Let’s take a look at a simple example of how a focus on subverting the ego and understanding hierarchy can produce flourishing:

A friend walked into a local store where a wealthy man was talking to a clerk. He wasn’t being nasty but he was clearly asserting his authority over the clerk within the discussion. The clerk was responding appropriately, although he didn’t seem happy about it. When it was our friend’s turn, the clerk, seeing that she was a young woman, started asserting his authority over her and was not being so nice about it. Our friend, who had recently learned these concepts, recognized the hierarchies at play, understood the workings of the ego and kept her emotions in check, allowing her to respond without anger.

In summary, the path to happiness in the Emotional Dimension is to increase our connection to people, primarily by giving to them and learning from them. The deterrent to these connections is our ego. We can overcome the need to feel superior by developing the trait of humility.

Flourishing in the Physical Dimension

The components of the Physical Dimension are the five senses. The flourishing currency is physical pleasure. In order to make pleasure purposeful and to prevent it from becoming destructive, we need to develop the good habit of self-control. The deterrent to purposeful pleasure is desire.

The two most common pleasures are eating and sensual pleasure. These are also the areas where people have the most problems. Let’s use eating as our example.
We have to eat to survive and our hunger drive reminds us when we need to eat. The challenge is choosing which foods to eat and determining when to stop eating. Here is where we need to do battle with the deterrent of desire. Desire attracts us to the best tasting food, regardless of nutritional value, and we want more of it and we want it now.

We have to control our desire with the conscious thought that eating during the week is primarily for health and energy. When we do that, we make the pleasure that we get from eating purposeful. This raises the physical act of eating to the loftier Emotional Dimension since successfully exercising our self-control creates happiness. And that happiness lasts longer than the physical pleasure of food which is only good until the last bite. One way to develop self-control over the way we eat is to maximize pleasure by eating slowly and being mindful of the aroma, taste, texture and satiation of our food.

Imagine you’re at a barbecue and you’ve just started watching your weight. So, you take a hot dog, which is approximately 100 calories, cut it into 15 small pieces and eat each bite slowly, focusing on all the pleasures. The guy next to you grabs 2 hot dogs with buns for 450 calories and finishes them in half the time it takes you to eat your one dog. At the end of the day, who had more pleasure? It’s fair to say that you experienced more pleasure savoring all of the pleasures of your one hot dog than he did gobbling down two.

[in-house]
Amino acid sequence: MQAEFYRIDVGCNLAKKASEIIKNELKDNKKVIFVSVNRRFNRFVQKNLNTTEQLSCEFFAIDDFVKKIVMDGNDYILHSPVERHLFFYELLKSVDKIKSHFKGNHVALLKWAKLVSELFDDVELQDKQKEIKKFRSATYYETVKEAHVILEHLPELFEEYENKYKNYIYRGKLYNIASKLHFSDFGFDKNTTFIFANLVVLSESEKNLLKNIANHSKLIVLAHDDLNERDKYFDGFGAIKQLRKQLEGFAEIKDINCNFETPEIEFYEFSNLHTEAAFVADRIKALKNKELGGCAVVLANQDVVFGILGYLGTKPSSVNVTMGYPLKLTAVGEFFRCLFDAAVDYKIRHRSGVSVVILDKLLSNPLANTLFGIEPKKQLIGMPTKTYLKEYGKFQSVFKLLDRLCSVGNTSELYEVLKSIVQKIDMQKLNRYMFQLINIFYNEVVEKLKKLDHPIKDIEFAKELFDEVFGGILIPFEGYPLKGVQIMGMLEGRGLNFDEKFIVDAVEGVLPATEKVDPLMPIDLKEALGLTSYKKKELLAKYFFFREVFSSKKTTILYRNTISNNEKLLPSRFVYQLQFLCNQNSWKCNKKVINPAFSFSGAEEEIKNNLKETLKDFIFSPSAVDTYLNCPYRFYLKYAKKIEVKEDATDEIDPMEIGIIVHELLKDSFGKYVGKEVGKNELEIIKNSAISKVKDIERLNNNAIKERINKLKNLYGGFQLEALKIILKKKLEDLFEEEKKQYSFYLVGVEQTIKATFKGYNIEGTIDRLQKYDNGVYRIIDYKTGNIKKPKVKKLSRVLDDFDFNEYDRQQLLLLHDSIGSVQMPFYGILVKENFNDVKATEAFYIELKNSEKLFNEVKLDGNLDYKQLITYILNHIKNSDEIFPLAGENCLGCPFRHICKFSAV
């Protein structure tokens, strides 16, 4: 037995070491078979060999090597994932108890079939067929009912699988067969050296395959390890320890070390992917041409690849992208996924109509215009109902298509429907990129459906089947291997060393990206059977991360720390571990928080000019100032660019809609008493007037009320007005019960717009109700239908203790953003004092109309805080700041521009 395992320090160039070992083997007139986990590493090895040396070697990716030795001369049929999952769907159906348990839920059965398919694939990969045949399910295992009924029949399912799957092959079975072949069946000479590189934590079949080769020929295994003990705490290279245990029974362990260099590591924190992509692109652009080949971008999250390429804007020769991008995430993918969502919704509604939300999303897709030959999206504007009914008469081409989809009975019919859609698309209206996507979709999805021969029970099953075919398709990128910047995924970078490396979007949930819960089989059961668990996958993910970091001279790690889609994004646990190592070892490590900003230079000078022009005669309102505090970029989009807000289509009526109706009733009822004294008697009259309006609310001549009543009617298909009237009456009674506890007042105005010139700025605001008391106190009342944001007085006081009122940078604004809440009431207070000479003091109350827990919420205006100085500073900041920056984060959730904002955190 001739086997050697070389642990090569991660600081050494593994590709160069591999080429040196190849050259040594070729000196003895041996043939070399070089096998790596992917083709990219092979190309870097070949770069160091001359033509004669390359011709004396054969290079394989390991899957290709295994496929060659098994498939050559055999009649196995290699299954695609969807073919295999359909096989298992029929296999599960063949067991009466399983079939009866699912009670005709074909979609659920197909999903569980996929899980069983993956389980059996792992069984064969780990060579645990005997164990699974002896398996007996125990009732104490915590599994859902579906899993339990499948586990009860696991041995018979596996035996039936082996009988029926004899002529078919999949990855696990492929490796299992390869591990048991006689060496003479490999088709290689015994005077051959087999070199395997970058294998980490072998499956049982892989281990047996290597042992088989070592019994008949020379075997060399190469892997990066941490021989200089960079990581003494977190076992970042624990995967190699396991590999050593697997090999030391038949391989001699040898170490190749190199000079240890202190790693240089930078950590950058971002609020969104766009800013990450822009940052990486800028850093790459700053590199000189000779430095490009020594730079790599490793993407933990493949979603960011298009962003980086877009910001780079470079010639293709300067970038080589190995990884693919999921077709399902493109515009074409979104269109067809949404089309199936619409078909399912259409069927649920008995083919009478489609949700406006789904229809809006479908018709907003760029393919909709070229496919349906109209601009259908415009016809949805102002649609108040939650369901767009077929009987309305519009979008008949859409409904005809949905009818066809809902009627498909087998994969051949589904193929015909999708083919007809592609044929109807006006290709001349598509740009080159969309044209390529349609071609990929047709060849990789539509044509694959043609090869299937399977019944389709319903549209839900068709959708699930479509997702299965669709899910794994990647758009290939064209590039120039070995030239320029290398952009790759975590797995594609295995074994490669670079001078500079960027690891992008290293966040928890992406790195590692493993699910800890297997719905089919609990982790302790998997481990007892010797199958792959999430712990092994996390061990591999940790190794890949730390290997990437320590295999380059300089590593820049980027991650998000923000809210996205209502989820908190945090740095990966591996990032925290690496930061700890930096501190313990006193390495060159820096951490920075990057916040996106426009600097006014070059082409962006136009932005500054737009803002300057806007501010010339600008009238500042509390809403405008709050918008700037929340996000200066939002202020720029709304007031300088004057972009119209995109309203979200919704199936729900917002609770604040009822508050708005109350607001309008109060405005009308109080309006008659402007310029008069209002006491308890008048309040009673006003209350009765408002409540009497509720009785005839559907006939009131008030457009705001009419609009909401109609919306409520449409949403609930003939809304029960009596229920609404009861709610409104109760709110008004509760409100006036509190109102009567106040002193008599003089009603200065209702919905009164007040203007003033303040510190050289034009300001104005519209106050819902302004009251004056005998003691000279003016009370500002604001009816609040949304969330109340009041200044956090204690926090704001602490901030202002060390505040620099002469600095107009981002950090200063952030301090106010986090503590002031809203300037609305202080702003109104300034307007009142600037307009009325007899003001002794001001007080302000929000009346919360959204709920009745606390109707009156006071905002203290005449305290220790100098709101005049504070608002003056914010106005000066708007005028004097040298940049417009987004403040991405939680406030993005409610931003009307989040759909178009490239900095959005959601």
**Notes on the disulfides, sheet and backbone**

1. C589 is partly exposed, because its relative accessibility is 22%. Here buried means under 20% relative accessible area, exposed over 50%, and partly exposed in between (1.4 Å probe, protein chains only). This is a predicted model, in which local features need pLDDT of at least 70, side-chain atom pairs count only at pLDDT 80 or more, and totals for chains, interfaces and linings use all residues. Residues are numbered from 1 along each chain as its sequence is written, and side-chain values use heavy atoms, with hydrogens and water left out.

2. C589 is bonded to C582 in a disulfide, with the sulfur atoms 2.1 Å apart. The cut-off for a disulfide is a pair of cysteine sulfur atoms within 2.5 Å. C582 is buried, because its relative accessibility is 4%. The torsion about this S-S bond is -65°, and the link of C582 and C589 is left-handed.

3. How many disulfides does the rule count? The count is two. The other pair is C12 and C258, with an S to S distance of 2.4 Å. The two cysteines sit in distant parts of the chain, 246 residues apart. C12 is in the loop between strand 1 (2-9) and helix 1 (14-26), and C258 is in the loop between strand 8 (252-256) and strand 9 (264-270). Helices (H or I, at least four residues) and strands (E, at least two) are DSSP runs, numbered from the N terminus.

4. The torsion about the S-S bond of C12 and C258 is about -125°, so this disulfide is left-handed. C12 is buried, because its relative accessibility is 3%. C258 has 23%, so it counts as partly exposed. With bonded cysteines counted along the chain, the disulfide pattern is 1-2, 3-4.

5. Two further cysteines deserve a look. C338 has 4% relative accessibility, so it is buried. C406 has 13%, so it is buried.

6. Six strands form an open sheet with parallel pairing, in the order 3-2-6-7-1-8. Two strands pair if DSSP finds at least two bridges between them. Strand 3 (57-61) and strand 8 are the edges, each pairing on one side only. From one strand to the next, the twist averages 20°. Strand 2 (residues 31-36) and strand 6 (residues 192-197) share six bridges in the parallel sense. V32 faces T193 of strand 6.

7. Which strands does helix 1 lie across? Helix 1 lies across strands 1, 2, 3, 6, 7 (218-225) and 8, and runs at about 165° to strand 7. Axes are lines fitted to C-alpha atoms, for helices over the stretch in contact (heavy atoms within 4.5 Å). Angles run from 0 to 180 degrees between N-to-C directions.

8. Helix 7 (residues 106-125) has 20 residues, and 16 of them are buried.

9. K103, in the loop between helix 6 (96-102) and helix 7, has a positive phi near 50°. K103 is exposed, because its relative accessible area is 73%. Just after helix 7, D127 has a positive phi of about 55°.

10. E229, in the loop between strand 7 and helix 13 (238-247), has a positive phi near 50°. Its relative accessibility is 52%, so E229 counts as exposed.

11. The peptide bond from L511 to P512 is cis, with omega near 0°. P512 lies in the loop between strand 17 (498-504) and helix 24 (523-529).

In summary, the path to healthy pleasure in the Physical Dimension is to make it purposeful. The deterrents are our inborn physical desires. By focusing on self-control, we can resist these desires and choose our pleasures with purpose.

Previous posts in the Four Dimensional Flourishing series
Four Dimensional Flourishing – Introduction
The Four Dimensions – Spiritual, Mental, Emotional and Physical

The Four Dimensions – Spiritual, Mental, Emotional and Physical

By Mark Frankel & David Linn

The Four Dimensions

Both secular and Torah sources discuss that human beings experience the world in four Dimensions: Physical, Emotional, Mental, and Spiritual. For example, eating occurs primarily in the physical dimension. Love is an emotional experience. Learning takes place in the mental realm. And prayer is a spiritual pursuit.

Each Dimension has four important aspects:
core components, through which we experience that Dimension best
a flourishing currency, the thing that you are trying to access in that Dimension
a primary good habit that we need to cultivate
a deterrent that keeps us from flourishing

Although we experience the world in all four Dimensions, they are not equivalent. There is a hierarchy which starts with the Physical Dimension, where we are focused on self and which becomes increasingly less self-centered as we move towards the Spiritual Dimension, where we are focused on God. Let’s take a look at some examples of this.

The pleasure of the Physical Dimension is completely self-focused; that chocolate cake tastes great, but that’s only because I like chocolate cake, it has nothing to do with anyone else. Emotional happiness, achieved through positive relationships, involves me and at least one other person. When I move up to finding meaning in the Mental Dimension, I’m even more outwardly focused and involved in pursuits that help others and improve the world. Finally, purpose in the Spiritual Dimension places God at the center of all my activities, it’s about what He wants, not what I want.